Synopsis: Abu Raed is a lonely janitor at Amman’s International Airport. Never having realized his dreams of seeing the world, he experiences it vicariously through books and brief encounters with travelers. Finding a discarded Captain’s hat in the trash at work one day, he is followed by a neighborhood boy who spots him wearing it as he walks home. The next morning he wakes up to find a group of neighborhood children at his door, believing him to be an airline pilot. And thus the friendship begins. Happy for the company and attention, he takes the children to colorful places around the world through his fictional stories and inspires them to believe in their own ambitions. Murad, an angry outsider to the group, vindictively attacks Abu Raed and the sense of hope he instills in the children. In his quest to prove that Abu Raed is a liar and a fake, Murad begins to discover new possibilities in his life. Meanwhile, Abu Raed’s friendship with Nour, a real female pilot, begins to grow as she deals with her own set of pressures from life in modern Amman. Captain Abu Raed is the story of everyday people intersecting across social boundaries. It is a story of dreams, friendship, forgiveness, and sacrifice. [Synopsis courtesy of film's official website]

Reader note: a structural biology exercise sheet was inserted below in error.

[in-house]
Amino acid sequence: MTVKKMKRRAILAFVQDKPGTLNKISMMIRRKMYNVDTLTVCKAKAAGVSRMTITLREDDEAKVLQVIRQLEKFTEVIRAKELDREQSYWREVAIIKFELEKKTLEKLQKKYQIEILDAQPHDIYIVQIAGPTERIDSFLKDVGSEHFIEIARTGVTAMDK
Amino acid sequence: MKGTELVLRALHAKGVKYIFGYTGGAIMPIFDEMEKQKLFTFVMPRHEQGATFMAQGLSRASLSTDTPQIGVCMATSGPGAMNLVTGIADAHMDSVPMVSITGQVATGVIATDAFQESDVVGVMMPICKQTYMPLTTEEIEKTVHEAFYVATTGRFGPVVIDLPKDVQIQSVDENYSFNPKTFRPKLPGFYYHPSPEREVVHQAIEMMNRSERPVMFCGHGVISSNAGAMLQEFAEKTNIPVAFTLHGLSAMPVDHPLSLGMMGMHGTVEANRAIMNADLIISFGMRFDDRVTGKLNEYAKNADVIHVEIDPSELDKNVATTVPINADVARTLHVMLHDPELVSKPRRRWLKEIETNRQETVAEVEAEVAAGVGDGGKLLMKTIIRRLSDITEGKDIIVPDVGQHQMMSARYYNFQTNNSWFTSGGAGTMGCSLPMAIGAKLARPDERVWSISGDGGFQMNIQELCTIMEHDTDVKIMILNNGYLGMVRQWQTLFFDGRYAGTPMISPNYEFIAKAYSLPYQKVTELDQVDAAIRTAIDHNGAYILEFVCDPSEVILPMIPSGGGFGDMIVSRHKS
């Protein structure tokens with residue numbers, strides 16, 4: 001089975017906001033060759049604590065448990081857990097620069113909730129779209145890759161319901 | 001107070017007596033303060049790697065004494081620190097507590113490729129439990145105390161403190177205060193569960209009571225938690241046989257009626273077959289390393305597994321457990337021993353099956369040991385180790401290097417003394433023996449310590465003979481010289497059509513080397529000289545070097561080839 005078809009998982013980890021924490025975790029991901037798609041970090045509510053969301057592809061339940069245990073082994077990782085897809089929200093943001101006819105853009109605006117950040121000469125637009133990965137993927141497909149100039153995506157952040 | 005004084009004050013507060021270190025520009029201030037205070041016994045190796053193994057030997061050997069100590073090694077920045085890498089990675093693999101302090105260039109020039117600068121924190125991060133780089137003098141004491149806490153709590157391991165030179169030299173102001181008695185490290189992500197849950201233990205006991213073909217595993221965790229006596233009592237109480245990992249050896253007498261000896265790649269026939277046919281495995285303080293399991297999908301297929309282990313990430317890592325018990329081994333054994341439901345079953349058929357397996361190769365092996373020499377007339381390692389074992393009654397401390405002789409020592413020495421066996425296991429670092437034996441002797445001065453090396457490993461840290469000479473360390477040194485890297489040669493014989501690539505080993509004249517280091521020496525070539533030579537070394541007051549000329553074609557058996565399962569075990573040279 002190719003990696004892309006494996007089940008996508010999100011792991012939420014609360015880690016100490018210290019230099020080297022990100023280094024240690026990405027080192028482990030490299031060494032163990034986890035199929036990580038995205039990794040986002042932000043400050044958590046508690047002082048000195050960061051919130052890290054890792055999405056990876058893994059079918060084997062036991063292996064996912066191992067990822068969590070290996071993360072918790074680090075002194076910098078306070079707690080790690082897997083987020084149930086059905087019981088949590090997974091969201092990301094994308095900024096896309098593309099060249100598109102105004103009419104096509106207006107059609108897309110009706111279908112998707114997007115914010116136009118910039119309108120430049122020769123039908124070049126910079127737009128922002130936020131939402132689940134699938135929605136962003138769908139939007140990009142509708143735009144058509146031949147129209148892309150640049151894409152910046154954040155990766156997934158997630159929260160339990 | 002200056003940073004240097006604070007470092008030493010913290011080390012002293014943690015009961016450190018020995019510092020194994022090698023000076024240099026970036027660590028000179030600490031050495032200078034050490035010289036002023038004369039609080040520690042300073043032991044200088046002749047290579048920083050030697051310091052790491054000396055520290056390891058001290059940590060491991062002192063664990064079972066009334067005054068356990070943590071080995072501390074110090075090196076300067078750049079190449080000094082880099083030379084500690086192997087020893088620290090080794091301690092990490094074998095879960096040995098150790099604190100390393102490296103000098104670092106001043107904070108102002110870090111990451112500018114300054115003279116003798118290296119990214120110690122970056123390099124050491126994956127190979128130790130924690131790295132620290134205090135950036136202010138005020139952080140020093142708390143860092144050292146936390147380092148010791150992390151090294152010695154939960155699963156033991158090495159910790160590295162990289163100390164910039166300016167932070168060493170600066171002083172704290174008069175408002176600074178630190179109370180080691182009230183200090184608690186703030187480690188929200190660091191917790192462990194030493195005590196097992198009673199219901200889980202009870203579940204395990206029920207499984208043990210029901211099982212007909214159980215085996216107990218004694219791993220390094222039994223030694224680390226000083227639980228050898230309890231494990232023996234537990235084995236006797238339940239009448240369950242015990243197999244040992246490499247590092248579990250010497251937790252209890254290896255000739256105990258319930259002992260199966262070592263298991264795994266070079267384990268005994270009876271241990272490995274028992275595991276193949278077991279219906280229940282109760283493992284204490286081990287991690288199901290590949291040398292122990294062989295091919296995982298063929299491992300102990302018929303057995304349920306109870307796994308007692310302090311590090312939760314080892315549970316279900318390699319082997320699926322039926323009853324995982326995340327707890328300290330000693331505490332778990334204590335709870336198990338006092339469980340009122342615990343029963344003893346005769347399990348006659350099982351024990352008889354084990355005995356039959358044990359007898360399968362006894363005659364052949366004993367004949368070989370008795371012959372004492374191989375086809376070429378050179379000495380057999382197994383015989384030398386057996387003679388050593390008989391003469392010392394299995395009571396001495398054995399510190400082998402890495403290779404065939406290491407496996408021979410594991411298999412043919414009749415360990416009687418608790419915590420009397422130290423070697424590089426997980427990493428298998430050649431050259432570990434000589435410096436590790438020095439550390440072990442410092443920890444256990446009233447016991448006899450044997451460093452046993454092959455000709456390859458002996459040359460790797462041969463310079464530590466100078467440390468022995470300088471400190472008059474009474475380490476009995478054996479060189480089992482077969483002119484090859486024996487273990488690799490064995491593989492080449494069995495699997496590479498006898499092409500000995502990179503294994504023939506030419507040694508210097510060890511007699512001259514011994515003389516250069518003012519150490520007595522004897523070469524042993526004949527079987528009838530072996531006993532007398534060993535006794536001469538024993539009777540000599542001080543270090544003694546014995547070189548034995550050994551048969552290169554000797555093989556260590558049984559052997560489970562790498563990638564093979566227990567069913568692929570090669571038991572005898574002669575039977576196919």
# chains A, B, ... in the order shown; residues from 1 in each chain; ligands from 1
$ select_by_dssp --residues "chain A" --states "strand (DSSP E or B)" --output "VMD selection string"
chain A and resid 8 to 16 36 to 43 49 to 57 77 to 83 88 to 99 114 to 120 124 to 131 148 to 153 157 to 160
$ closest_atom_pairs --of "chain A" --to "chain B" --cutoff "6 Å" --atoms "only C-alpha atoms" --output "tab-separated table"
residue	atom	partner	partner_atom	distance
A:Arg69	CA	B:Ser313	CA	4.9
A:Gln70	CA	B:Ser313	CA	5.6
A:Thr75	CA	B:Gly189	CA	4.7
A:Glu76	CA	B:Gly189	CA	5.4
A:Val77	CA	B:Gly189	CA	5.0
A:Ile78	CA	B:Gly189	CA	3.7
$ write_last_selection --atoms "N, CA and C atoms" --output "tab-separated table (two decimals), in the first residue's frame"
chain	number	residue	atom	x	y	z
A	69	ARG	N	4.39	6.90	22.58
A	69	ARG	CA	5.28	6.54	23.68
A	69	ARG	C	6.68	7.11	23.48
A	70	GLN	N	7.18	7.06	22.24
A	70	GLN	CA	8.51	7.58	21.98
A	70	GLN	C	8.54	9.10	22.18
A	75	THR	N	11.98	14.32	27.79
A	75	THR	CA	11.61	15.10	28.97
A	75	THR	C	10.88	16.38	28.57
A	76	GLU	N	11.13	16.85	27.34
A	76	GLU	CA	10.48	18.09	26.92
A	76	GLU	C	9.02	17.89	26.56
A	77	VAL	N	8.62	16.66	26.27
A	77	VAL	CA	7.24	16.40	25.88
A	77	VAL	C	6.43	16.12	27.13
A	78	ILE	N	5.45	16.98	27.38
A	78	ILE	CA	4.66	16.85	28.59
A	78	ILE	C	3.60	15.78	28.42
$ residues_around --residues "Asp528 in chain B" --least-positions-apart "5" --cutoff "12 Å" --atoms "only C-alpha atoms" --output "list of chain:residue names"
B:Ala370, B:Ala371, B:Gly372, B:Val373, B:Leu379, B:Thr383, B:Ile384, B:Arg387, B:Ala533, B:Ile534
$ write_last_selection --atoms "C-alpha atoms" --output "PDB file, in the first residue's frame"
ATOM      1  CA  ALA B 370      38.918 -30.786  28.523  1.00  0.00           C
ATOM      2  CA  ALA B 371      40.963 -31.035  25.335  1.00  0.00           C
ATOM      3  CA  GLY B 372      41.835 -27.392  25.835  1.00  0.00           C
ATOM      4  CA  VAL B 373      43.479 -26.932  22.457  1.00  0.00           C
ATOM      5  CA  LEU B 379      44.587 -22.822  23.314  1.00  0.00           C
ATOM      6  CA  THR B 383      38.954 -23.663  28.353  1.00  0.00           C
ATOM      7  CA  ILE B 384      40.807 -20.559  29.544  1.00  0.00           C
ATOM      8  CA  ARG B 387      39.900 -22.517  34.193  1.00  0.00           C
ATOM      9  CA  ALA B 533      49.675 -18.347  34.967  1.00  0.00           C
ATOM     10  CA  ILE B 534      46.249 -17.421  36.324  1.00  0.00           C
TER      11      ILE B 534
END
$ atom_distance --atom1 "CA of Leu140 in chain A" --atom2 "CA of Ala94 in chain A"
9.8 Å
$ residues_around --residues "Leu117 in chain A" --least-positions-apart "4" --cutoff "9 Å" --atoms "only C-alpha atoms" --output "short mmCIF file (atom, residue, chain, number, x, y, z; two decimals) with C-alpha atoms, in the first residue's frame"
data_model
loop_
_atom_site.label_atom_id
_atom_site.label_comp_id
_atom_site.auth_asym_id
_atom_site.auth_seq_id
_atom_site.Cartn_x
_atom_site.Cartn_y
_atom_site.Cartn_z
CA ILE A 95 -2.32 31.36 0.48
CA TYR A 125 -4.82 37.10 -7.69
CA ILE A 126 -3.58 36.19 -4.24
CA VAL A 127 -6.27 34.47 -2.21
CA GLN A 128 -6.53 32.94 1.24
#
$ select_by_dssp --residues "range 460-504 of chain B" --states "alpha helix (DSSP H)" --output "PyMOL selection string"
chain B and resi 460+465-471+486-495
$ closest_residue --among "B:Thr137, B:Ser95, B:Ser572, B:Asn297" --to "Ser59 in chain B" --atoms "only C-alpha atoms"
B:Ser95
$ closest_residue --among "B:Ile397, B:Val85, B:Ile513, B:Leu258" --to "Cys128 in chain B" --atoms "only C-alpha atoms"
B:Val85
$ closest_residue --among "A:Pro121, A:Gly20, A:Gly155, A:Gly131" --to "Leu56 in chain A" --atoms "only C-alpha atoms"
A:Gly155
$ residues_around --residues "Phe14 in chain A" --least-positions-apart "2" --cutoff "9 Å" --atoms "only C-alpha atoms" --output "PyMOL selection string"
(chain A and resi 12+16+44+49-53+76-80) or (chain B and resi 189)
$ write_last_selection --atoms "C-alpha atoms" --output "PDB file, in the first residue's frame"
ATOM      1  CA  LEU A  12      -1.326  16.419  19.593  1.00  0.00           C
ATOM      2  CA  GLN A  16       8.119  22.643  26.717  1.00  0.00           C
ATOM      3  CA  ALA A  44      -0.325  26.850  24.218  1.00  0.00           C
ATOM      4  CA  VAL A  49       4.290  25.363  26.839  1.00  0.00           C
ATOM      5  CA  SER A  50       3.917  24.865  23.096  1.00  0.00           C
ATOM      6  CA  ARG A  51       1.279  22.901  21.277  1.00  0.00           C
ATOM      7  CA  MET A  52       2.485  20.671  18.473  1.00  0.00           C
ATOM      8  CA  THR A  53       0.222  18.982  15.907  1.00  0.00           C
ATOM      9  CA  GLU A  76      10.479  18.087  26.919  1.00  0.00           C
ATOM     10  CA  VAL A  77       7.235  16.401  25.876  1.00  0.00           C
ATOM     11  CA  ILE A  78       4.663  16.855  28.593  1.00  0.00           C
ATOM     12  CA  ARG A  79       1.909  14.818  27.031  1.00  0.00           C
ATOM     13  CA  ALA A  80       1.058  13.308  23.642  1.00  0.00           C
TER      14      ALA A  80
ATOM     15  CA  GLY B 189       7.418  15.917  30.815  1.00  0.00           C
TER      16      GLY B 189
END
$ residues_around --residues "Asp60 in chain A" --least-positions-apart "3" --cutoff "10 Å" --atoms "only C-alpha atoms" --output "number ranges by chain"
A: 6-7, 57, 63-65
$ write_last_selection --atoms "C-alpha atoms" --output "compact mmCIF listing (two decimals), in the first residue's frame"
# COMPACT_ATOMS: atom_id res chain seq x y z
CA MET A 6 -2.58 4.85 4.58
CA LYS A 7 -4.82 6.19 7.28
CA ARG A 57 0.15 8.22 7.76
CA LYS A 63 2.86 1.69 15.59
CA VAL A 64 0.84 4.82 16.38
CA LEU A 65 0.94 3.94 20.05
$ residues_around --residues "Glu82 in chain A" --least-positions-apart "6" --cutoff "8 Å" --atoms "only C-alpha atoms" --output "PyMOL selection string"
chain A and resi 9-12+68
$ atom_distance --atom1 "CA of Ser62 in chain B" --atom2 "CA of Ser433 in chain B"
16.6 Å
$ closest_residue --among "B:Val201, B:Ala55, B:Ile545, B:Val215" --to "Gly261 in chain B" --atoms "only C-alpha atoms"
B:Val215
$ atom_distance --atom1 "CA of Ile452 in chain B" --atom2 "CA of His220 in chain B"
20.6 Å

Round-up: Stephen Farber of The Hollywood Reporter admires the film, "Matalqa has crafted a stirring tribute to the invis... ible people in our world who may end up changing our lives more profoundly than high-profile leaders. Nothing is more difficult than making an honest film about a good man, but "Captain Abu Raed" accomplishes the feat." Walter Addiego in the San Francisco Chronicle likes the film saying, "'Captain Abu Raed,' an unaffected melodrama from Jordan, is like the humanistic efforts that made up the first generation of art films to arrive in the United States. It's a simple story told with dignity and aiming for universal relevance." Sam Adams, in the LA Times, is less enthusiastic, "Amin Matalqa's teary drama, 'Captain Abu Raed,' takes its obvious cues from the neorealism of Satyajit Ray and Jean Renoir, but Matalqa doesn't know how to balance melodrama with quiet moments the way the masters did." Variety'sTodd McCarthy notes the film's uniqueness by saying, "One of the film's most welcome achievements is its casually diverse portrait of Amman, rarely seen in cinema. In an everyday, non-touristic way, the pic provides a strong impression of many districts across various economic strata."